Dr.-Ing. Joël BAFUMBA LISELI, Lead system engineer - electric drive at Valeo


Linkedin, Theses.fr

Merci d'avoir accepté l'interview.


Could you please describe your current job ?

I am responsible for the development of the electric axle of electric vehicles, that is to say the specification of the expected functionalities and performances of the electric motor (machine), the inverter, the gearbox and the system tests to validate (or qualify) thereof. This requires a strong background in software, power electronics, mechanics and electromechanics. I transform customer needs into requirements to be transmitted to software, hardware and mechatronics teams as input to their design and specify the system architecture and interfaces (software and hardware for example) to ensure that the system meet its specifications in terms of functionality and performance. My end goal is to help, as much as possible, build greener mobility solutions and reduce the carbon footprint of vehicle fleets for decades to come.


How does your doctorate relate to your current job ?

I have a doctorate in automatic control and signal processing. During my thesis, I worked on the design of a piezoelectric-based positioning system with embedded measurement by self-sensing. Self-sensing means that the piezoelectric material is used both as an actuator and as its own sensor. So nothing to do with electromagnetism, power electronics, or even electric vehicles as required by my current position. However, and this is the beauty of a PhD in my opinion, during a PhD, you not only master and contribute to a subject but, more importantly, you learn how to learn. Therefore, new topics no longer scare you. You learn how to find the information you need, synthesize it and use it to solve any problem very effectively. I was interested in the powertrain of electric vehicles, I learned the subject with less friction than it would have been without a doctorate.


It doesn't matter what your thesis is about, after that you can do whatever you want, right ?

That's not quite it. The doctorate will help you learn better, not to say faster. It will help you find relevant articles, books, and information more efficiently. This helps you better organize your ideas and communicate them clearly to others. But, you still have to go through everything you don't know. Therefore, it will always be easier to learn a subject in which you have some background. In my case, I had an engineering degree in mechatronics, a master's degree in robotics and a doctorate in automatic control and signal processing. Even if electromagnetism and power electronics were new subjects, I had the basics to understand them and the doctorate added the method to learn them better/faster. In other words, you need to have a good idea of ​​what you want to do after your PhD. You can't do a doctorate in philosophy and expect that because you have a doctorate you can become an expert in battery chemistry in no time.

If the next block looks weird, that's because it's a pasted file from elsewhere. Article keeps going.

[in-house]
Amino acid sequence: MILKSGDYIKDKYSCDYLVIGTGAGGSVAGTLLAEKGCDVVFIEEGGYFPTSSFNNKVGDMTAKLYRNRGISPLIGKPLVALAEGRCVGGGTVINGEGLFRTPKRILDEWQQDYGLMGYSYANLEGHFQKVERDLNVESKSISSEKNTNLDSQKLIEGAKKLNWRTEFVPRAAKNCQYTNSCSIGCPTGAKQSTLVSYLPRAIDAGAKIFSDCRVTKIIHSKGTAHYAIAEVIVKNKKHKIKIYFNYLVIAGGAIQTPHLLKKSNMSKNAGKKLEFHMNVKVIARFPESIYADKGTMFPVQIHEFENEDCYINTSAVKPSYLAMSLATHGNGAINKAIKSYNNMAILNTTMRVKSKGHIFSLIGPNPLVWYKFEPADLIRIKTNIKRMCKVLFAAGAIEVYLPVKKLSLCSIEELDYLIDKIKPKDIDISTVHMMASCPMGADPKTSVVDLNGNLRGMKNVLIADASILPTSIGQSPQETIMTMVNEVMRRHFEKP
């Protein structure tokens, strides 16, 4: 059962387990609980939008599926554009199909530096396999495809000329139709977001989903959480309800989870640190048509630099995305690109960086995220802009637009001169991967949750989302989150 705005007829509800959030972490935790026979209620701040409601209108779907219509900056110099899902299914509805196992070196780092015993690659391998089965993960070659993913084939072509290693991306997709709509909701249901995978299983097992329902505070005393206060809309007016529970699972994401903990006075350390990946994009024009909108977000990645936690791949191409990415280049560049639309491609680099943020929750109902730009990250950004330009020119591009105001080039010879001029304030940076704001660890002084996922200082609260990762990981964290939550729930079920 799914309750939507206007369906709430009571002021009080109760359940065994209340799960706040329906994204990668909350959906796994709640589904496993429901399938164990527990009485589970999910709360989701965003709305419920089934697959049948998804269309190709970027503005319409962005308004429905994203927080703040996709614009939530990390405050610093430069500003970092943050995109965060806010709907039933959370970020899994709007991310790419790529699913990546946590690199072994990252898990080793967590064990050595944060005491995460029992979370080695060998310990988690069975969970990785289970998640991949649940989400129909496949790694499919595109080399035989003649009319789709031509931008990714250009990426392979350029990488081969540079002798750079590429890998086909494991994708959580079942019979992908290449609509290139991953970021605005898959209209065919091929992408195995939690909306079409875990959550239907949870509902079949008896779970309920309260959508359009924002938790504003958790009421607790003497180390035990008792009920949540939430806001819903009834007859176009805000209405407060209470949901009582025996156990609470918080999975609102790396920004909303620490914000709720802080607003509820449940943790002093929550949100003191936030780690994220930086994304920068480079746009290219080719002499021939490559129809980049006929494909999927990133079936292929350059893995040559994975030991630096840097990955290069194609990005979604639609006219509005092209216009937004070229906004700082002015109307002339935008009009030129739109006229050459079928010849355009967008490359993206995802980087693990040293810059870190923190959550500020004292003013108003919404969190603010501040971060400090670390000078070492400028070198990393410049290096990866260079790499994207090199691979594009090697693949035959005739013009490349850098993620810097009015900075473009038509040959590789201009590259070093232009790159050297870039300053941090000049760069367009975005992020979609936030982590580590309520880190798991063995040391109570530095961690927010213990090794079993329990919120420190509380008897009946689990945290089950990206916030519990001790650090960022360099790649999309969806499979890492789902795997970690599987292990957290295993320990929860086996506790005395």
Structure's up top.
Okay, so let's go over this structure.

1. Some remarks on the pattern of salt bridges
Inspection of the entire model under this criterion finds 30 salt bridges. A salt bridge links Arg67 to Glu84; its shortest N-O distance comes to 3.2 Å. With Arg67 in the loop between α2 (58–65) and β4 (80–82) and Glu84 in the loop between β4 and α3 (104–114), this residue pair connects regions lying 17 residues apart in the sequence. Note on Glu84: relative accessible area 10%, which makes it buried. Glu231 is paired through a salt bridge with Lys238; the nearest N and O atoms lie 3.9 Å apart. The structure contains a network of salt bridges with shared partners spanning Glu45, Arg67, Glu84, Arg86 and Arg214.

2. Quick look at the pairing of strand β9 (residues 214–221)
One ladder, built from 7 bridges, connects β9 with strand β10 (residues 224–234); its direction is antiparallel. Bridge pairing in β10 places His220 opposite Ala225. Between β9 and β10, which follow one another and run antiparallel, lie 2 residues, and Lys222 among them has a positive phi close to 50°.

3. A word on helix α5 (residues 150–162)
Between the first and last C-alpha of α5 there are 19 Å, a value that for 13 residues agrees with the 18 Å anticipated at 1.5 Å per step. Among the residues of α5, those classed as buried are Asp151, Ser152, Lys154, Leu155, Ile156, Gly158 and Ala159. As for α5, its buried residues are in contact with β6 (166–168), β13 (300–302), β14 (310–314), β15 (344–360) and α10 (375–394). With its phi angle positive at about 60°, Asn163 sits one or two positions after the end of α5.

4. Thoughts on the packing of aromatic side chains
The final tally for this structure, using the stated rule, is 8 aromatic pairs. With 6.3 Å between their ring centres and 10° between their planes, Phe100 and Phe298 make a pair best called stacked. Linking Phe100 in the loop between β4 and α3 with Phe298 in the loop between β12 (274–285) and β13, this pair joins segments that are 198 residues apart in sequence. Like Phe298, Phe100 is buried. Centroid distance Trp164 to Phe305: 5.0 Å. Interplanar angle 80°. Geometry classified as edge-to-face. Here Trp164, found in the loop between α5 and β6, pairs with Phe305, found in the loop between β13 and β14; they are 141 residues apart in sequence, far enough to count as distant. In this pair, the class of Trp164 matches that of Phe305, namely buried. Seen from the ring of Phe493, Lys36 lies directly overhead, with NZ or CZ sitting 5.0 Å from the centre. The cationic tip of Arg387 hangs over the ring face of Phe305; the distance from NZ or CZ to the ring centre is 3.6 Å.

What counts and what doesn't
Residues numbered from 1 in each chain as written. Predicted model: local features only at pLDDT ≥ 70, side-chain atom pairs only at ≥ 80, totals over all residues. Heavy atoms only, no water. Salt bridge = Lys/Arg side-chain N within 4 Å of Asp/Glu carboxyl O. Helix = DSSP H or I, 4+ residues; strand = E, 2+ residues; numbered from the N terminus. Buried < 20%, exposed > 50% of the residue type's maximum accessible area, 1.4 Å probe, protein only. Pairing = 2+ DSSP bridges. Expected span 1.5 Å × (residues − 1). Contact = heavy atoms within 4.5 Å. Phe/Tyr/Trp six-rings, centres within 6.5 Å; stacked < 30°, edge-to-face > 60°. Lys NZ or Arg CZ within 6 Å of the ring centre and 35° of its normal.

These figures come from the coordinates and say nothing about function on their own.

So, did you know the subject you wanted for your doctorate and what you wanted to do once it was finished ?

No, I didn't. The more I learned, the more I realized that I didn't know much so I wanted to know more and that led me to the doctorate. See, I was born in Kinshasa in the Democratic Republic of CONGO. Growing up, like most kids, I loved robots and wanted to build one. Robots weren't made in my country back then. So, after graduating from high school, I went to Brazil for a degree in mechatronics engineering. Mechatronics was the closest thing to robotics that I knew at the time. Then I saw the NAO robot on youtube and I loved it. The robot was made in France, so I traveled to France for a master's degree in robotics and autonomous systems. During my master internship, I learned about the importance of signal acquisition, structure modelling and system reaction for the proper functioning of a robot. A PhD where I will work with piezoelectric materials that could act as both an actuator and a sensor was an offer I couldn't refuse. A humanoid robot like the one I wanted when I was a kid isn't feasible yet. For the moment I have contented myself with a four-wheeled robot (an electric vehicle is a robot). Not to mention that electric vehicles have advantages for the environment. I am still learning and I hope that I will build this humanoid robot or at least contribute in this direction.